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When I saw The Prince of Donegal,back in 1966 ,at the Parmaount Theater,it was in wide screen!.I just saw it and it;s in small screen.I checked the i.m.d.b. and it was shownat 1.88:5.The version I saw fit the whole panavision screen,I remember .Why did not Disney present this film on that ratio? :o

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When I saw The Prince of Donegal,back in 1966 ,at the Parmaount Theater,it was in wide screen!.I just saw it and it;s in small screen.I checked the i.m.d.b. and it was shownat 1.88:5.The version I saw fit the whole panavision screen,I remember .Why did not Disney present this film on that ratio? :o

 

In the 1960s Disney filmed his movies in wide screen, with a 4:3 matte over the viewfinder, which allowed the cameraman to keep all the main action in the center of the screen, for later showing on old-fashioned 4:3 TV screens.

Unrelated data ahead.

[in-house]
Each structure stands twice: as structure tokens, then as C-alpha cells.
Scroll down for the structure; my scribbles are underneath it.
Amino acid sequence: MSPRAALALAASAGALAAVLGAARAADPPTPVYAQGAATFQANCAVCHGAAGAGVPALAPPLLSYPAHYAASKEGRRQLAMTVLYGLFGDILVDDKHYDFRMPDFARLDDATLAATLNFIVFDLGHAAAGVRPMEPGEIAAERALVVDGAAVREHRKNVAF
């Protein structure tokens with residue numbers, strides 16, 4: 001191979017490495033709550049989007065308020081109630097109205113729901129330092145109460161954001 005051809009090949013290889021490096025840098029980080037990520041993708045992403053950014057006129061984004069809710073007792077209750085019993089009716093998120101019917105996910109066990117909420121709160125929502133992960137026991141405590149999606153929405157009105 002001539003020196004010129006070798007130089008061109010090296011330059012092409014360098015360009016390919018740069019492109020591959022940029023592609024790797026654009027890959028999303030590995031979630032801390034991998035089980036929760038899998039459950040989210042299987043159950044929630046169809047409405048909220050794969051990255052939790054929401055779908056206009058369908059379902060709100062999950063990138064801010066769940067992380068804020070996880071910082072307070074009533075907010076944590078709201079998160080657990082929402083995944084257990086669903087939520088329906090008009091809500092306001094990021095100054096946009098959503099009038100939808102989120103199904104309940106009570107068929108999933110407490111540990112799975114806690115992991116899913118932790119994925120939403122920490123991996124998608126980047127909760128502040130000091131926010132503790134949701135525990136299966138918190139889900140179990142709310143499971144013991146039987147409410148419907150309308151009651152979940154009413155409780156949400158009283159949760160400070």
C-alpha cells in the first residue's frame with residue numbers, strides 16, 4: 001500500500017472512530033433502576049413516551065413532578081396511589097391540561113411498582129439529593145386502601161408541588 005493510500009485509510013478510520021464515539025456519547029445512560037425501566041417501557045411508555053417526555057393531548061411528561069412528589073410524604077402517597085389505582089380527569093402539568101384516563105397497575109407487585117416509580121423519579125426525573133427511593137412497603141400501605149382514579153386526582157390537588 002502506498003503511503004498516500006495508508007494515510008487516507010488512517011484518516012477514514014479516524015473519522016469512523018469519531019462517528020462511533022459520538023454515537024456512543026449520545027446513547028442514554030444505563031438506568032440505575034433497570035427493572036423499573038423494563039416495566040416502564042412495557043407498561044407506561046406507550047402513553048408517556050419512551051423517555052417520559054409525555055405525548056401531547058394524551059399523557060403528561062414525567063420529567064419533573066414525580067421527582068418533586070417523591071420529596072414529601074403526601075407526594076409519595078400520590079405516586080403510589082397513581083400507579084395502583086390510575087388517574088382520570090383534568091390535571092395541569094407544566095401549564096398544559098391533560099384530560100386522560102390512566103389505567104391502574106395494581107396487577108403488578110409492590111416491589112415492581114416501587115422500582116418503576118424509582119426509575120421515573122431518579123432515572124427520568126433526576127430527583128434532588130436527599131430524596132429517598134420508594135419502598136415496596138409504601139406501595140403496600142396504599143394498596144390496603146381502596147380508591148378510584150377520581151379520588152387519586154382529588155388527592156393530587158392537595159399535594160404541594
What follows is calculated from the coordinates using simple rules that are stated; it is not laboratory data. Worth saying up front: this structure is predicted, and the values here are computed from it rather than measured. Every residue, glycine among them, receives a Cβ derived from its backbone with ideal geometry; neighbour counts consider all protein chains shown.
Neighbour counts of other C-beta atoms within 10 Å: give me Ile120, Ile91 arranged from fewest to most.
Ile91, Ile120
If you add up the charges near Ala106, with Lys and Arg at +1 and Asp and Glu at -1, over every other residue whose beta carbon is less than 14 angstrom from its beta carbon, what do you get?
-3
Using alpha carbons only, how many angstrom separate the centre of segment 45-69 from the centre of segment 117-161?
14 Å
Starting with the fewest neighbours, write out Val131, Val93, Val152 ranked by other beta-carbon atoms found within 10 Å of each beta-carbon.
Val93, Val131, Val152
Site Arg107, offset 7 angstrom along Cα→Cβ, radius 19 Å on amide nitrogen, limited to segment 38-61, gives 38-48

A 4:3 matte is generally a transparent film that is cut to fit a wide-screen viewfinder, but in the center area is a white outline in the 4:3 format. That way, a cameraman can compose the scene for both wide screen and 4:3 TV at the same time, being sure he has all the main action and actors inside the 4:3 area in the center of the 4:3 matte. This technique does NOT involve "pan and scan", since the original film was shot for BOTH formats at the same time.

 

"Pan and scan" does involve panning and scanning of the film when the original film was shot in the wide-screen format only, with NO TV matte inside the viewfinder. These films cause conversion problems when one actor is on the far left of the wide screen, and another is on the far right, with NO actor in the dead center of the screen.

 

Study DARBY O'GILL AND THE LITTLE PEOPLE to see how Disney used the double format "center weighted" technique. Disney used the double-format technique, with a wide screen viewfinder with a 4:3 matte inside the wide screen viewfinder, so the cameraman could see BOTH formats at the same time while filming the movie.

 

:)

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